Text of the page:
"We were able to get out front for the last restart and I thought that would give us the advantage, but Erik drove a great race and got back by us," said Busch, the 2009 winner of the prestigious event. "My guys gave me a great piece -- I hate it that we didn't have enough. I have to thank Monster Energy for coming onboard for this race and everything they've done for me in my first year as a Monster Athlete. Also have to thank our other sponsors we had this weekend, Choice Hotels and REI (Recycling Equipment Inc.)."
Busch, who started the 300-lap event from the fourth position, had worked his way into the runner-up spot by the time the first caution of the day slowed the field on lap 48. On the ensuing restart, he was able to work his way around John Hunter Nemechek for the lead, which he maintained for four laps before settling back in the second position.
When the next caution occurred on lap 114, the Monster Energy Camry had fallen back to the third spot. Busch brought his No. 51 Toyota to the over-the-wall crew for four fresh tires and a chassis adjustment. As cars exited pit road, the Kyle Busch Motorsports (KBM) crew had gained their owner one position, but with two competitors electing not to pit, the team was scored in the fourth position when cars lined up for the restart on lap 128.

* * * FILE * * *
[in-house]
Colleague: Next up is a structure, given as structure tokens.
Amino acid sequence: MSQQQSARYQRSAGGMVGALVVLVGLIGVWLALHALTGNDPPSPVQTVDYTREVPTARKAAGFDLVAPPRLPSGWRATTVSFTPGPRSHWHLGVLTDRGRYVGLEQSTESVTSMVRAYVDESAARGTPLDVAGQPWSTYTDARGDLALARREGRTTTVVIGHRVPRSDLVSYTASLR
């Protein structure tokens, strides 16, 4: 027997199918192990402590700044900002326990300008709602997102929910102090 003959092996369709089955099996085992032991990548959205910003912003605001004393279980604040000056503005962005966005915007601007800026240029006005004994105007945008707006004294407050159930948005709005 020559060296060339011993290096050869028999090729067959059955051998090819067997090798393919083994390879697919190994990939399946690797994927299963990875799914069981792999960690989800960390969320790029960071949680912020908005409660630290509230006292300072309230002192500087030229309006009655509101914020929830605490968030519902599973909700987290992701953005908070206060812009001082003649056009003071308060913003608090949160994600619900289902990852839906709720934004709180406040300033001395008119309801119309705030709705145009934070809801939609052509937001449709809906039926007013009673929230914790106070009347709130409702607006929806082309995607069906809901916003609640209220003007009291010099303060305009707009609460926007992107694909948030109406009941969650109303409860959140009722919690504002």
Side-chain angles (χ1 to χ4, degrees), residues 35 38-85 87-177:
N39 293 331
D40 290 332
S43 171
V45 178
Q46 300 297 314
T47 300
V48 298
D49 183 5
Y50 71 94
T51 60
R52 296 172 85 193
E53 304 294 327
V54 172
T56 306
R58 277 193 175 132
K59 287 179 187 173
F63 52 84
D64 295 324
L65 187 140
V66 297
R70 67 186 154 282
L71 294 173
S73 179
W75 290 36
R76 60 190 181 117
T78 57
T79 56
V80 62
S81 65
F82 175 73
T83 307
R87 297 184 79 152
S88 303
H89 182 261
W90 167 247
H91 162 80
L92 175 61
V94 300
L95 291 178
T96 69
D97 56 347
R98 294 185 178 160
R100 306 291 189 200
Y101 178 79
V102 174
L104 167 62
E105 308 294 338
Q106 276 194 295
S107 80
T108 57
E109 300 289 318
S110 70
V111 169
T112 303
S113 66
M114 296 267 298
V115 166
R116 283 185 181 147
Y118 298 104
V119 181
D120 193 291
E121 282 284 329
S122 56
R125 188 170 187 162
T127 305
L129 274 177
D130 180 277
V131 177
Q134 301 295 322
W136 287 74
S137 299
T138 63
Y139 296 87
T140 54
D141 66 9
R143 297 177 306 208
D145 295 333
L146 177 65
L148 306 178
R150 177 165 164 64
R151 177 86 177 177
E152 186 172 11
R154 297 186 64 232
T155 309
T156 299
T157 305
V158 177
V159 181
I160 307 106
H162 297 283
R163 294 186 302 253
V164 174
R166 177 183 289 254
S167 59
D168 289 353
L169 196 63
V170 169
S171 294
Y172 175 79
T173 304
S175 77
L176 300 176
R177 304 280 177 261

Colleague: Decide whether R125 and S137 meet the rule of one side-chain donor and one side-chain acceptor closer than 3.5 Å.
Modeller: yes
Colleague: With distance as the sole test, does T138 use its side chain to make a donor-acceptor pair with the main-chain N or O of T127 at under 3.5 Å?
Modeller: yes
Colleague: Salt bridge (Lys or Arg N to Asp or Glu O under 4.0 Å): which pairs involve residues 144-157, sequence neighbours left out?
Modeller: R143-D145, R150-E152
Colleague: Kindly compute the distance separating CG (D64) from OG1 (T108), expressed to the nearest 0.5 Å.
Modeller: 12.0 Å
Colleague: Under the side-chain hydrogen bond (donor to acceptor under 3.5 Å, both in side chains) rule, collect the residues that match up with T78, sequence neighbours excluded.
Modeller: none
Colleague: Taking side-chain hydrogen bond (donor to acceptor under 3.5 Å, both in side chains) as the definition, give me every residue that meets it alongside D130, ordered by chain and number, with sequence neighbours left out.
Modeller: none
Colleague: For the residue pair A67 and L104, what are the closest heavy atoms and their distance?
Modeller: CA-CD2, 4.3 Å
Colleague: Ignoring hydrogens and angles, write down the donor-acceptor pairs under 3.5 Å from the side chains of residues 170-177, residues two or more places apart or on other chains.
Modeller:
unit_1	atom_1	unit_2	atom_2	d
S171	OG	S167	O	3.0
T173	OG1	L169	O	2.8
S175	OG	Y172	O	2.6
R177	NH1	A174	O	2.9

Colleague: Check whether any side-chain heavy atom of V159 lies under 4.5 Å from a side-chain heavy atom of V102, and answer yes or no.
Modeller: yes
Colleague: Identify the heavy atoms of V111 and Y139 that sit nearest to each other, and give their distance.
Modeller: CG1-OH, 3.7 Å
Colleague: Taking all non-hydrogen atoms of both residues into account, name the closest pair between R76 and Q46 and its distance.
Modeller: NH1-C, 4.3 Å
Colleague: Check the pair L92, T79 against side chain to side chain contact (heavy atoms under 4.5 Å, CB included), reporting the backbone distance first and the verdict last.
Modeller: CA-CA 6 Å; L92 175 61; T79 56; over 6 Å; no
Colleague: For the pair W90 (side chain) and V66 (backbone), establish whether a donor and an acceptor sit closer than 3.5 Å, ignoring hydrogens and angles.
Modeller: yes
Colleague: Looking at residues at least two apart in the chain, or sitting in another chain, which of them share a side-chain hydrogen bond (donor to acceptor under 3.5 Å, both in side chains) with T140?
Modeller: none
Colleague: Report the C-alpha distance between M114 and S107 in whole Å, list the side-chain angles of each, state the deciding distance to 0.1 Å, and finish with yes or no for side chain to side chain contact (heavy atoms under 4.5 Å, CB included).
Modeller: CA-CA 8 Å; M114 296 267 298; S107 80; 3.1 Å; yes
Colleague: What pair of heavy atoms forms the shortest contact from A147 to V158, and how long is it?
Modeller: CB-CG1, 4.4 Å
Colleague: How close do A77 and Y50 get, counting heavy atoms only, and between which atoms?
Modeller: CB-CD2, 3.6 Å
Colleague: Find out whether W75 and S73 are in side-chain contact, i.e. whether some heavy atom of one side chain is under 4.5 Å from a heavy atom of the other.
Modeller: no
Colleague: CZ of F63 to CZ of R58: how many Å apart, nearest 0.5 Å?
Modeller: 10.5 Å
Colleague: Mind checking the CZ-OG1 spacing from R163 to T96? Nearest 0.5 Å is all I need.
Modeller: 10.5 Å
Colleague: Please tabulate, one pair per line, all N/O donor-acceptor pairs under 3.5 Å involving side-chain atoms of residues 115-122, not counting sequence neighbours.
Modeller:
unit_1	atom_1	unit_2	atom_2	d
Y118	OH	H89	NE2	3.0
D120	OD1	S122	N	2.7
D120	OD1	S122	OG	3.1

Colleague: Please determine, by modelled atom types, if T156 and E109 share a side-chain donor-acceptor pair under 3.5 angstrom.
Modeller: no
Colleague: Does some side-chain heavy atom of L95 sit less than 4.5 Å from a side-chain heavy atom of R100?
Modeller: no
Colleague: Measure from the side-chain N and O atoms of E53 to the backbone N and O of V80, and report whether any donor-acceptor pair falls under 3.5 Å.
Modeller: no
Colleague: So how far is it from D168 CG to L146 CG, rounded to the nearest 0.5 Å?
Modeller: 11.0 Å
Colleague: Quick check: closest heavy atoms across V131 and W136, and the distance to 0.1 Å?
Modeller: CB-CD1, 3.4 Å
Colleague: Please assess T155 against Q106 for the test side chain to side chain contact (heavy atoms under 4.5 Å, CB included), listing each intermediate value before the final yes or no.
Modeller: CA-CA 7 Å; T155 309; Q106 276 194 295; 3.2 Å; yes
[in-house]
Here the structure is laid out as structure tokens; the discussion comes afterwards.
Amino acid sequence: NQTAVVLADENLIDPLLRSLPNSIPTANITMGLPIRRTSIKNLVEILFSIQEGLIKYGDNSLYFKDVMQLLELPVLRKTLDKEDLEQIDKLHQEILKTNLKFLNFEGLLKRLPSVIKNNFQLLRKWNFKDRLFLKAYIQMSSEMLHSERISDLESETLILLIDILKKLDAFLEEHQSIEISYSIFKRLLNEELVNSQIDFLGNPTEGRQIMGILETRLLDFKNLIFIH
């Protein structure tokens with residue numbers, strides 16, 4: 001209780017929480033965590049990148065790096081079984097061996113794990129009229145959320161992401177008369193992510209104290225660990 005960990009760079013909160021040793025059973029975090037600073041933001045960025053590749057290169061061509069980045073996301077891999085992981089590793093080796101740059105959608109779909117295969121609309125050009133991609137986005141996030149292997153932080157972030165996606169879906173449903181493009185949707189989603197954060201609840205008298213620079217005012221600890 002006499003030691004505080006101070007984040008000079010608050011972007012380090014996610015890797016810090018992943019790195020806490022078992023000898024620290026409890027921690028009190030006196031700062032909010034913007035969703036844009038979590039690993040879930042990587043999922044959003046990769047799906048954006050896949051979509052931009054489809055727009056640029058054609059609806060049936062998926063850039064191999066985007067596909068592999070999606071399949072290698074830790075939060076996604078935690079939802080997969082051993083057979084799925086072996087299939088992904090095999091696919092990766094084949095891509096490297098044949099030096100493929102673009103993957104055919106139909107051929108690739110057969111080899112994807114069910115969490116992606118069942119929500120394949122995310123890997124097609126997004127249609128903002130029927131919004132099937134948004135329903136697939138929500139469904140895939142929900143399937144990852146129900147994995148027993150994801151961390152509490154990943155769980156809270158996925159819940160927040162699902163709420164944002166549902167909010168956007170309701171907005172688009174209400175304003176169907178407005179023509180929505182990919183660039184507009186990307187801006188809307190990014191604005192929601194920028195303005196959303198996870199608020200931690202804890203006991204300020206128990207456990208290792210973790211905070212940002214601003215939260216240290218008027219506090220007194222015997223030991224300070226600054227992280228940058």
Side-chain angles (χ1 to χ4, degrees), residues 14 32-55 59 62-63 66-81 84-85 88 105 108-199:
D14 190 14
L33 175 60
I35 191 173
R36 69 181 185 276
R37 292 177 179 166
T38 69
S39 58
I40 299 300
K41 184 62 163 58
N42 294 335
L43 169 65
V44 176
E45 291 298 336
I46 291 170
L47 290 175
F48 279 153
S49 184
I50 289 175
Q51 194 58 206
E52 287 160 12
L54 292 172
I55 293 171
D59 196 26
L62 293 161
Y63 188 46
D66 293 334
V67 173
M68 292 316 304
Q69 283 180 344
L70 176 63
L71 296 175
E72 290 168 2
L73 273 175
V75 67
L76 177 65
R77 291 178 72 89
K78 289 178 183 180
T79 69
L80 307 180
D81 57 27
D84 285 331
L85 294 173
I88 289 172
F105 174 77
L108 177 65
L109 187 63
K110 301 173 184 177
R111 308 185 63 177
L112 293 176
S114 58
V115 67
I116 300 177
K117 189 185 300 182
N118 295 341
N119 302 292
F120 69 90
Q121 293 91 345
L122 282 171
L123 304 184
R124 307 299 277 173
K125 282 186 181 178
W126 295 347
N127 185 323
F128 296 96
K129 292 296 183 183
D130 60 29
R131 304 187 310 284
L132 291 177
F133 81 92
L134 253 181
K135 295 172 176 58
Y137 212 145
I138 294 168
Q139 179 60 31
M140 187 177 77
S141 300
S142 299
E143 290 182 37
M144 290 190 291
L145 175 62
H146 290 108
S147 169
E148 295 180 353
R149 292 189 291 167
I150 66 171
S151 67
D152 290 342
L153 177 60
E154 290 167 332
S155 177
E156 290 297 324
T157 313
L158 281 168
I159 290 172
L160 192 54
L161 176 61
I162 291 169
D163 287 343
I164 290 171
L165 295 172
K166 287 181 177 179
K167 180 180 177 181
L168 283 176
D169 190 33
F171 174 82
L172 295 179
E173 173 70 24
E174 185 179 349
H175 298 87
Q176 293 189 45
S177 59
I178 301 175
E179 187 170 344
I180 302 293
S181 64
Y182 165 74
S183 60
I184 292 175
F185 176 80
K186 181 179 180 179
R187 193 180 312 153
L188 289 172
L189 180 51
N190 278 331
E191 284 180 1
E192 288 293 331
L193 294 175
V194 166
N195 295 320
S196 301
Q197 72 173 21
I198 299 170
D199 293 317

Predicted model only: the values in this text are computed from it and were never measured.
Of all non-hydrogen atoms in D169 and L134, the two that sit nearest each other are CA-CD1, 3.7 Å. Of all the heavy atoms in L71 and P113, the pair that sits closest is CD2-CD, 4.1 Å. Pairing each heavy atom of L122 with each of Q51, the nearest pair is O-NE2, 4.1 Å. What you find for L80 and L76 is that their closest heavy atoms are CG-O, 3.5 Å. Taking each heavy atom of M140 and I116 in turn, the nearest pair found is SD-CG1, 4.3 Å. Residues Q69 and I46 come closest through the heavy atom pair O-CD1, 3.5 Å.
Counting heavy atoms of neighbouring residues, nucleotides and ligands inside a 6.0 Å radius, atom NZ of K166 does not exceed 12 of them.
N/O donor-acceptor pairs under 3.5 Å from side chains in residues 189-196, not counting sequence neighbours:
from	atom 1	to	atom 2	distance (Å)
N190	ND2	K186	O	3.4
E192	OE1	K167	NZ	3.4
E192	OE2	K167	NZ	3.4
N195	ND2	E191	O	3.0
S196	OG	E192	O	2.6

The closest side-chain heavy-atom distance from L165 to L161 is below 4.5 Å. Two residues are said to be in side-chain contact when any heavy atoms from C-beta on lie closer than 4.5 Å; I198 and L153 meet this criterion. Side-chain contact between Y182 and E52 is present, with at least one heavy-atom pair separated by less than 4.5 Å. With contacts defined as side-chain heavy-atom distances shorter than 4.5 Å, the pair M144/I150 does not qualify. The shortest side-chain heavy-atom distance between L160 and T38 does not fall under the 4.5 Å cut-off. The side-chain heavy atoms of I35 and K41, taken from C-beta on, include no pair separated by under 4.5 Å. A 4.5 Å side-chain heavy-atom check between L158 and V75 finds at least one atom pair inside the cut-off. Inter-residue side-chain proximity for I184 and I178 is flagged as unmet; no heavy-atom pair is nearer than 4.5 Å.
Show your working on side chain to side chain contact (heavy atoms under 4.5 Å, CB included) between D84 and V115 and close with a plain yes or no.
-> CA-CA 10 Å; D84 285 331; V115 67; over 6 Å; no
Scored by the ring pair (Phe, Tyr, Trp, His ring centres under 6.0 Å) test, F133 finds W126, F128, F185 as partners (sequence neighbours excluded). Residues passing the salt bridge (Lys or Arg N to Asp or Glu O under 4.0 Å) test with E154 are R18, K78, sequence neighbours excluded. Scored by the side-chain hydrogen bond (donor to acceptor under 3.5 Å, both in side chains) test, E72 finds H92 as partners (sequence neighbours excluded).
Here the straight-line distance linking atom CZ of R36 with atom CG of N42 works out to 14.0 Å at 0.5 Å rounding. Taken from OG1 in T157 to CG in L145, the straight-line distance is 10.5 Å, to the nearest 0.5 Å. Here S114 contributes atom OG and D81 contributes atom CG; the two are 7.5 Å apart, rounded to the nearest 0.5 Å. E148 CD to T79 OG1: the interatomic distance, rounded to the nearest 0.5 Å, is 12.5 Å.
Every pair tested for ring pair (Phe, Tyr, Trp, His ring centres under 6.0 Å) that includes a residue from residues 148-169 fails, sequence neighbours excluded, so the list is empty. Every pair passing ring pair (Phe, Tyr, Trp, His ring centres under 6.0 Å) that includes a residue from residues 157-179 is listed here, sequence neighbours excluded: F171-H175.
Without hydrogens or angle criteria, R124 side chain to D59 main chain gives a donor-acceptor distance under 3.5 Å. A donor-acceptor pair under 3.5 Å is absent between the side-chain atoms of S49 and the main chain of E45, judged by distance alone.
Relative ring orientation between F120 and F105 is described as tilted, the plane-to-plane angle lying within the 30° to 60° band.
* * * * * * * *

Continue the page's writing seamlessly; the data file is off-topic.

The Las Vegas native was able to maneuver his way into the runner-up spot on lap 130 and began to reel in race-leader T.J. Reaid. A one-car spin on lap 151 brought out a caution and bunched the field. Shortly after the ensuing restart, Busch closed to Reaid's bumper and challenged him for the lead. As the Monster Energy Camry charged hard into the corner in an effort to drive to the inside of Reaid's car, the two cars made contact and Reaid spun, collecting a few other cars in the process. Under caution, race officials deemed that the contact from Busch was "beyond normal racing" and he was sent to the back of the field for the restart on lap 163.
"I blame myself for giving them the opportunity to make that call," explained Busch post race. "We were hard racing and I was on the outside of, I think, the No. 99 car (Casey Smith). I stepped on the gas with the edge to the corner -- T.J. didn't go right away and I hit him. I tried to check up and get off him, but he lost it and stacked up a lot of good cars -- I hated it for those guys."